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Monday, 16 October 1995
Page: 2106


Mr KEATING (Prime Minister) —I move:

  That the House expresses its deep regret at the death on 24 September 1995 of Leonard Keith Johnson, Member of the House of Representatives for the Division of Burke from 1969 to 1980, places on record its appreciation of his long and meritorious public service and tenders its profound sympathy to his family in their bereavement.

Keith Johnson, as he was known to us, was born in Melbourne on 28 March 1929. He came from a working-class background. His first job was at the age of 15 when he worked for his father who was then an ice vendor. He then turned his hand to a variety of blue-collar and clerical jobs. His working-class background and his strong commitment to help fellow workers saw him join the Miscellaneous Workers Union as an organiser in 1965.

  Keith was active in local government before entering federal politics. He was a councillor on the Broadmeadows Municipal Council from 1961 to 1973 and was instrumental in the region's planning and development. He was reported as being the driving force behind the building of the Broadmeadows Club as a much needed social venue for workers and their families.

  Keith entered parliament in the same year I did—1969. He came to the House as the member for the Victorian seat of Burke. In his maiden speech to parliament, he drew on his experience as a city councillor, highlighting the importance of the provision of adequate services ranging from sewerage and public transport to schools and hospitals. He also expressed concern for equal pay for women and spoke about the danger of the exploitation of women in the work force. He saw the need to legislate for equal pay for women.

  Keith was a member of the Labor shadow ministry in 1977 and was spokesman on construction and assisting in industrial matters. He was Deputy Chairman of Committees in 1975 and became Deputy Opposition Whip in 1978. He also served on the Joint Committee on the New and Permanent Parliament House, the Joint Statutory Committee on Public Works, and the House of Representatives Standing Committee on Standing Orders.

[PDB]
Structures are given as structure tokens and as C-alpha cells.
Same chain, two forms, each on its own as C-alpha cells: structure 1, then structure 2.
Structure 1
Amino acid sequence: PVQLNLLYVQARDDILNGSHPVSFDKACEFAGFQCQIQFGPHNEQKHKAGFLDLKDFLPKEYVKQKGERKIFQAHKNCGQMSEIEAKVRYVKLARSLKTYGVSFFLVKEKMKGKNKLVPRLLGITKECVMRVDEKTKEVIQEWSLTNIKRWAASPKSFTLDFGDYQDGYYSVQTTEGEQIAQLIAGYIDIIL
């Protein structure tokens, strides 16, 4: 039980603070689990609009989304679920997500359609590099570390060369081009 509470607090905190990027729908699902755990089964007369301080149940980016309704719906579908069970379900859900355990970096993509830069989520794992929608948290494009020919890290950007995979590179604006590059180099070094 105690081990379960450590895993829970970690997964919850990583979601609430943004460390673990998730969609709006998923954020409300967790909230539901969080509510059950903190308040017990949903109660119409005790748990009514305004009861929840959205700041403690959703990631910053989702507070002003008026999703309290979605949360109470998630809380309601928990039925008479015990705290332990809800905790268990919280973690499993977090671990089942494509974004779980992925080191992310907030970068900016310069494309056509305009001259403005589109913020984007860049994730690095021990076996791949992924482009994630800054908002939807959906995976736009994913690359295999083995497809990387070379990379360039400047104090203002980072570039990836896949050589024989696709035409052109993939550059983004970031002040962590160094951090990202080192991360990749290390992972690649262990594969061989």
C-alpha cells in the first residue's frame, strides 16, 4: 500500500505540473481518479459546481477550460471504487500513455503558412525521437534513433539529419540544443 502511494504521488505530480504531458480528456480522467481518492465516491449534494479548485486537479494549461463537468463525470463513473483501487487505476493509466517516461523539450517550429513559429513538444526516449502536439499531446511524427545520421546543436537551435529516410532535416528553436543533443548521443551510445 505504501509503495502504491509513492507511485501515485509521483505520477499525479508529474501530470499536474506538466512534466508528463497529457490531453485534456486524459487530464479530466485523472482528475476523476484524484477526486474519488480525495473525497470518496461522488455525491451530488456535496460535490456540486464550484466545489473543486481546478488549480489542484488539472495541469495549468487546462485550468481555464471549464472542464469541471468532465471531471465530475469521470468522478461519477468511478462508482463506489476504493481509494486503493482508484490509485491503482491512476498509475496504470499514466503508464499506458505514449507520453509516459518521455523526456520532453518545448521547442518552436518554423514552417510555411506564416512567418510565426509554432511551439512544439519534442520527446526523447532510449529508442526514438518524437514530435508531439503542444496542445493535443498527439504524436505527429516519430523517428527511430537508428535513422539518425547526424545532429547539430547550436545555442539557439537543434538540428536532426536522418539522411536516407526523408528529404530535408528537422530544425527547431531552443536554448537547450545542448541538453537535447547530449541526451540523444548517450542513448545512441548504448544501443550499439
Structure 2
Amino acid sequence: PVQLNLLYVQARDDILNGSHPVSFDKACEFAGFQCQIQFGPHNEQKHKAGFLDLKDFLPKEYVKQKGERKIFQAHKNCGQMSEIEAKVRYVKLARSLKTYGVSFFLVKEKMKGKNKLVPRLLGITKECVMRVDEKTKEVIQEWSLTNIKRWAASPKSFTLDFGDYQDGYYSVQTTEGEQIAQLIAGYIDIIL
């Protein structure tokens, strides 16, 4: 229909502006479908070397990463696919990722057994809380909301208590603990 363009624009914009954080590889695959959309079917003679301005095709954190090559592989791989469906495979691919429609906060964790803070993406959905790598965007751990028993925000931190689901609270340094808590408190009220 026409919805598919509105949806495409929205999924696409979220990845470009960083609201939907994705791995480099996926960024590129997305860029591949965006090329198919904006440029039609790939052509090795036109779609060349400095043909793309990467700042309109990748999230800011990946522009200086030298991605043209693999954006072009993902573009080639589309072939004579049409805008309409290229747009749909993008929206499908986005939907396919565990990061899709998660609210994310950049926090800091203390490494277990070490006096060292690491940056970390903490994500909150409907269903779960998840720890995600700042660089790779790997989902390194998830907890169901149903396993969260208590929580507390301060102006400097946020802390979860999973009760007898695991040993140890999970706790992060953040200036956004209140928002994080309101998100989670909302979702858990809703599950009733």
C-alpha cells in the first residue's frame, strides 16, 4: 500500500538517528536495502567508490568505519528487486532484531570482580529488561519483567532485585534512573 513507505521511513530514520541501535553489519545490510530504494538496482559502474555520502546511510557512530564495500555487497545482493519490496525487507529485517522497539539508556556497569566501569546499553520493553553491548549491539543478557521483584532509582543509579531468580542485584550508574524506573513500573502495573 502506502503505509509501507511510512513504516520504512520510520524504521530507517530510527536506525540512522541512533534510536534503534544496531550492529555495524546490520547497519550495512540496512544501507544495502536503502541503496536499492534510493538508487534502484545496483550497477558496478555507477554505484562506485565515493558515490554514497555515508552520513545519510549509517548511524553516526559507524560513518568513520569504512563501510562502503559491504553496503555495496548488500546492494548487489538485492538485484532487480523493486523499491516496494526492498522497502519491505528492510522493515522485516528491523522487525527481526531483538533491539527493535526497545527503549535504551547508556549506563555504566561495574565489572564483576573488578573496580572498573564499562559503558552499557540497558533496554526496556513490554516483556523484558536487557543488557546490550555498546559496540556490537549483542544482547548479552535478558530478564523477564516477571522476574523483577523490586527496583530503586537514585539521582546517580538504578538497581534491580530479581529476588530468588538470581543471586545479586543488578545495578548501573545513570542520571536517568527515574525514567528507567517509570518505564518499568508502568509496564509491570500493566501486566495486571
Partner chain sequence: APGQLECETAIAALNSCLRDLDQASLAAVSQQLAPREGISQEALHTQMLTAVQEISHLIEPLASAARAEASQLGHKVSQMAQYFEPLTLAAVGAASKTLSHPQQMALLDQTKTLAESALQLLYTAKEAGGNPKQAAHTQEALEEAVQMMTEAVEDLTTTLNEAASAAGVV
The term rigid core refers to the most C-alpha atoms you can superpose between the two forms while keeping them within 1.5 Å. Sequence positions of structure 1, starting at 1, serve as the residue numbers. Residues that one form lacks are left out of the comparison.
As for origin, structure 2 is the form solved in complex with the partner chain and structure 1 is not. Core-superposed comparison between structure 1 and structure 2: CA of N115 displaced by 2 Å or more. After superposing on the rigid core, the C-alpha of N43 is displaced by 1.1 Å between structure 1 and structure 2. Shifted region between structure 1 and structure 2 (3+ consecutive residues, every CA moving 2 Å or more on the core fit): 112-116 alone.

Keith made many contributions during his parliamentary career. But the single act that he will be most remembered for would be the introduction of his private member's bill in 1974 which became the Parliament Act 1974. That act established Capital Hill as the site for the new and permanent Parliament House. The act also prescribed that the area bounded by Commonwealth Avenue, the southern shore of Lake Burley Griffin, Kings Avenue and Capital Circle be designated the parliamentary zone, and that any proposal for the erection of buildings or other work within the zone must be approved by a resolution of both houses of the parliament.

  After retiring from the parliament in 1980 Keith continued to maintain his interest in local government. He served for a time on the Bellarine Shire Council, including one term as president.

  He was a particularly good fellow and he was very well liked in the Labor Party. He was one of those people who had enormous talent for most things he wanted to turn his hand to. He did not become a minister at any time during his tenure here but he was someone of great account. He was one of those people who pass through the parliament without achieving ministerial office but could have been of ministerial rank and really stood for things. That is one of the reasons I thought the House should take note of his passing.

  On behalf of the government, I extend to his wife Doris, his son Gary, his daughter Sharon, and his four grandchildren our most sincere sympathy in their bereavement.